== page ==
Almost everyone will retire, but it’s mostly the rich who are planning for that day. The middle class, the poor, minority groups — many of them don’t even have retirement accounts, much less substantial savings.
The 401(k) revolution, with its promise of portable, tax-advantaged investment accounts for all, has inadvertently brought the scourge of inequality into the world of retirement savings. Today, retirement inequality is actually worse than income inequality.
People are saving more than ever before. But the bulk of that savings is stashed away in a small number of accounts, held by the fortunate few who make big salaries and are good savers.
Half of all families in the United States have less than $5,000 in retirement accounts (According to the NIRS the median account is only $3,000), according to an analysis by the Economic Policy Institute, a nonpartisan think tank focused on the needs of low- and middle-income workers.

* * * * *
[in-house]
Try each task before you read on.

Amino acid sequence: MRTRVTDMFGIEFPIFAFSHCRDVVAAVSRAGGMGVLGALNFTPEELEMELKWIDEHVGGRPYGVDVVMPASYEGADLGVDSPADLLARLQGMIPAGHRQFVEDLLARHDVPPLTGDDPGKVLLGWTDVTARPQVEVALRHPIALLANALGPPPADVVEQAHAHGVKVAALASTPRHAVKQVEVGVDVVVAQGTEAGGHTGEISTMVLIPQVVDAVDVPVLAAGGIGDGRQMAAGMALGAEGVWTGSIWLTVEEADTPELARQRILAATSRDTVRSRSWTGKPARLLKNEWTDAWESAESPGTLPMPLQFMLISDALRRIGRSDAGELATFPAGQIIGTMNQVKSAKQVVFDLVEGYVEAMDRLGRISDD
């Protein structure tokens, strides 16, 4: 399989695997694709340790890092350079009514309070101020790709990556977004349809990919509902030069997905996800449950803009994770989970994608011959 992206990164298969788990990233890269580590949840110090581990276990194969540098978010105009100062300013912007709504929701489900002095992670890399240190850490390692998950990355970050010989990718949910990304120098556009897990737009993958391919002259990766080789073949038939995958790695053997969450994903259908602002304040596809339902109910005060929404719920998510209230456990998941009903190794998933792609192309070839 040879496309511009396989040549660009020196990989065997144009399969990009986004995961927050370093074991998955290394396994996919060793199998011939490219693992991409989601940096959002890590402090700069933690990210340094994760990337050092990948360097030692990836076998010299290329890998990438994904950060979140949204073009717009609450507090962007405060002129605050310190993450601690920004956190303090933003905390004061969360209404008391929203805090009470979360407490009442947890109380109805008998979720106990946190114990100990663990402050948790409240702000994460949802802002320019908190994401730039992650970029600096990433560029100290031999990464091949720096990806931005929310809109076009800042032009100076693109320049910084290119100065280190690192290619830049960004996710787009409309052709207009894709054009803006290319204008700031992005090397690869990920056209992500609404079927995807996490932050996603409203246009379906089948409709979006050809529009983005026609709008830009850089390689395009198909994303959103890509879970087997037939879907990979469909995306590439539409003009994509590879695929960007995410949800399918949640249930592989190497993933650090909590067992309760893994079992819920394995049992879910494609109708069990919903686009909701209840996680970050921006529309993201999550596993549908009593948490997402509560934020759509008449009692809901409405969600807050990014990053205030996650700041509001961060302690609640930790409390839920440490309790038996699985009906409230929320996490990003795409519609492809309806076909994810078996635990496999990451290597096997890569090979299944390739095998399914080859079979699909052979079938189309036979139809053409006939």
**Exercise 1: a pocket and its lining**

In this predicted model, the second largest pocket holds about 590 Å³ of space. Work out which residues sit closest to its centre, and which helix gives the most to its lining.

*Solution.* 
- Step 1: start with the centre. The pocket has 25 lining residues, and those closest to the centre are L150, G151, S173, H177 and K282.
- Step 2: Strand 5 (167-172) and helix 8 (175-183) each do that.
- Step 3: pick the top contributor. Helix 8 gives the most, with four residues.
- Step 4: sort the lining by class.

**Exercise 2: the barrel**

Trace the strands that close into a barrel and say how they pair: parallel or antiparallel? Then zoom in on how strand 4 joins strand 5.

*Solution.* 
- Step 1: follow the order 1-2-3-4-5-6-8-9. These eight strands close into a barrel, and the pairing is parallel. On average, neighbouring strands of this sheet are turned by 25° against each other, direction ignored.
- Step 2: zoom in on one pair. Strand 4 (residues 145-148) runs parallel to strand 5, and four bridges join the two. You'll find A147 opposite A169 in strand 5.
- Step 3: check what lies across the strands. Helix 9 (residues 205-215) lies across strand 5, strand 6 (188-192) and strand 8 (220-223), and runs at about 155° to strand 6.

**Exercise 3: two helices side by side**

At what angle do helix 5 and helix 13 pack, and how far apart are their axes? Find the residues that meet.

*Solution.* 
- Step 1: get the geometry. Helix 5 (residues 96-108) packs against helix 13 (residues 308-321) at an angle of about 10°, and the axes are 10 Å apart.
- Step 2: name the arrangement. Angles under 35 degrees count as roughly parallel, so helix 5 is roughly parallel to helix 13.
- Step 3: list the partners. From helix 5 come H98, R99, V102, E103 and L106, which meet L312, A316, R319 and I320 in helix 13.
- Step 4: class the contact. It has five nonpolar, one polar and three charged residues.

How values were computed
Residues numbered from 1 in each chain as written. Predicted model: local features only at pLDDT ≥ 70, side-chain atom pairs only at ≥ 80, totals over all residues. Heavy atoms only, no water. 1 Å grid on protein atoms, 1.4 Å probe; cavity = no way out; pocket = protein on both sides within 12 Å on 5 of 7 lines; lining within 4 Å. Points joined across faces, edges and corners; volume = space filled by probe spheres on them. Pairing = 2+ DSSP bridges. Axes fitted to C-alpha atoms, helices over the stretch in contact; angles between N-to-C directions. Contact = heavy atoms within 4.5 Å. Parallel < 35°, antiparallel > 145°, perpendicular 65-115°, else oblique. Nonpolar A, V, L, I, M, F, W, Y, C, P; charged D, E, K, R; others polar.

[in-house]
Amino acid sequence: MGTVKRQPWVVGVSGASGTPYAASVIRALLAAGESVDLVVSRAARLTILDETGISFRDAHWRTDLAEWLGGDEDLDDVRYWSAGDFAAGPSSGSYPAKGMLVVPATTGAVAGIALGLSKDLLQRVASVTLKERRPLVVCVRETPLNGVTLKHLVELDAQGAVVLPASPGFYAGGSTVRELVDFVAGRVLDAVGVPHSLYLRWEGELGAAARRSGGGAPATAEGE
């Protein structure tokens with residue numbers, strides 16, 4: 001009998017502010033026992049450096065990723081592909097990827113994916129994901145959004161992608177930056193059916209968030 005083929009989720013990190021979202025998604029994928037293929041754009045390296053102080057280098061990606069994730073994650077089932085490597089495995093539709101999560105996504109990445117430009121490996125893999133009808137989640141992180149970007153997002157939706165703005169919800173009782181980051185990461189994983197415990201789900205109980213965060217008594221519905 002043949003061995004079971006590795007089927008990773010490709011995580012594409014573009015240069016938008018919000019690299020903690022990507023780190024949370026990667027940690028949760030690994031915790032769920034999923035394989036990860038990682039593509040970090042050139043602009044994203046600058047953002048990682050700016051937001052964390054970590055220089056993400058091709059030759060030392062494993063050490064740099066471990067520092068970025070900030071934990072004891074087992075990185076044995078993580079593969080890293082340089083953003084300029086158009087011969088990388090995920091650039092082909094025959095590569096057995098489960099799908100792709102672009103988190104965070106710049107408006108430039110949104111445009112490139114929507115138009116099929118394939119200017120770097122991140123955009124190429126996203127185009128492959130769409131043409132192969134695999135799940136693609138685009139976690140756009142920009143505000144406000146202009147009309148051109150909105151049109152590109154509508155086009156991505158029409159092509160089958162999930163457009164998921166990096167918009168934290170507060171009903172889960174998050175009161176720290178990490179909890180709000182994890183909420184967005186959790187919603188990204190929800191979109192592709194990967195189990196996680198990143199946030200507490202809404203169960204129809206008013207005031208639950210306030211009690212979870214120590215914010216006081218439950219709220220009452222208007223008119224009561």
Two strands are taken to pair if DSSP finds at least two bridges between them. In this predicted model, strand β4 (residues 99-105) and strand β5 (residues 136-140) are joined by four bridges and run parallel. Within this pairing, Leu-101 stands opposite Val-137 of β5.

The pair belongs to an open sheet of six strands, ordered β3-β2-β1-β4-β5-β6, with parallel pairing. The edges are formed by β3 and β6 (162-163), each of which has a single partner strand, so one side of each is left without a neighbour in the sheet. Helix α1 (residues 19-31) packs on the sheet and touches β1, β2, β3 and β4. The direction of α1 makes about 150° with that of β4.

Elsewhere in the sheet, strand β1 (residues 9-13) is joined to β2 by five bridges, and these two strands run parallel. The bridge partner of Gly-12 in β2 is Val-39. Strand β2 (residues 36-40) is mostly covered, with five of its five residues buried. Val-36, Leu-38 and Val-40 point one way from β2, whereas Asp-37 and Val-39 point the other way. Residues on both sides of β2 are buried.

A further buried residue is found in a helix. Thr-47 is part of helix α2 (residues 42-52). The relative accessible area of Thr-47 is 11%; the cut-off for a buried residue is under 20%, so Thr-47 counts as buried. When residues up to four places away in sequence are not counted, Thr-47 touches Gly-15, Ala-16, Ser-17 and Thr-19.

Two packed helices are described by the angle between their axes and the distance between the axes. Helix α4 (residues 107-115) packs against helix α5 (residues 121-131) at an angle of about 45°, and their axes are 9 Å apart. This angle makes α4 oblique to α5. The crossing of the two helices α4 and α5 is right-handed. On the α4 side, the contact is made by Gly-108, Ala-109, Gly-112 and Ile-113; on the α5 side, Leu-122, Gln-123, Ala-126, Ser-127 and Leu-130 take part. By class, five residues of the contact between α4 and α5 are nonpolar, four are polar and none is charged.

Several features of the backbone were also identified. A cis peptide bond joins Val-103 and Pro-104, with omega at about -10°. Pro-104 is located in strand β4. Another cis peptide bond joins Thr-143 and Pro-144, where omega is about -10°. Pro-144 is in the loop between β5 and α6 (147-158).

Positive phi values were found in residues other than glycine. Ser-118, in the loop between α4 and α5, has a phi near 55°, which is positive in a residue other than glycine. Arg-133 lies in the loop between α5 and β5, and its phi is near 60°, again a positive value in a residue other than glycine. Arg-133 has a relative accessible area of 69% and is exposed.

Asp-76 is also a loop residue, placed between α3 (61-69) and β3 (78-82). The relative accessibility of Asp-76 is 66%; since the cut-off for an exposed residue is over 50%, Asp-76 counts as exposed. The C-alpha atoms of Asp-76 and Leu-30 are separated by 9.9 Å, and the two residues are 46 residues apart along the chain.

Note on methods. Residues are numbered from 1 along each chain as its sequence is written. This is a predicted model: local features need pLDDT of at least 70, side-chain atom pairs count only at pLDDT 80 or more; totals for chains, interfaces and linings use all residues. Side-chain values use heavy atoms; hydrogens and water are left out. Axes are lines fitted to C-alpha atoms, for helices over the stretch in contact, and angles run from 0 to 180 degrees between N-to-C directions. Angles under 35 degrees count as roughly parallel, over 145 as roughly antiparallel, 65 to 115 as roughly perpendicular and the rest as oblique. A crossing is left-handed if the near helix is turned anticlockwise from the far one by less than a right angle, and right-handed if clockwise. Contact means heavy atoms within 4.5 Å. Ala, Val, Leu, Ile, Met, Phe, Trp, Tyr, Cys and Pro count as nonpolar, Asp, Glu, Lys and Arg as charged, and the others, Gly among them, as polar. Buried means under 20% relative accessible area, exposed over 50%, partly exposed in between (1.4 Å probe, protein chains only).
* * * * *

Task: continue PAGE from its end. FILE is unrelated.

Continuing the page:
Only about one in five families can boast $100,000 or more — still not much to last through decades of retirement.
The median retirement savings for families led by someone 55 to 61 years old is still just $17,000.
Families in the top fifth of the income ladder represent 20 percent of the US population, but collect 63% of all income, and hold 74% of the retirement savings.
Their peers in the middle of the income ladder. They, too, represent 20 percent of the population, but they only get 10 percent of income and control a bare 5 percent of all retirement savings.
Pension plans promise a set payout at retirement, and they don’t require as much active involvement. With a 401(k), employees control contribution levels and make investment decisions; with a pension plan, the company mostly takes care of these decisions.
Consider that about 60 percent of black families and 75 percent of Hispanic families don’t have retirement accounts.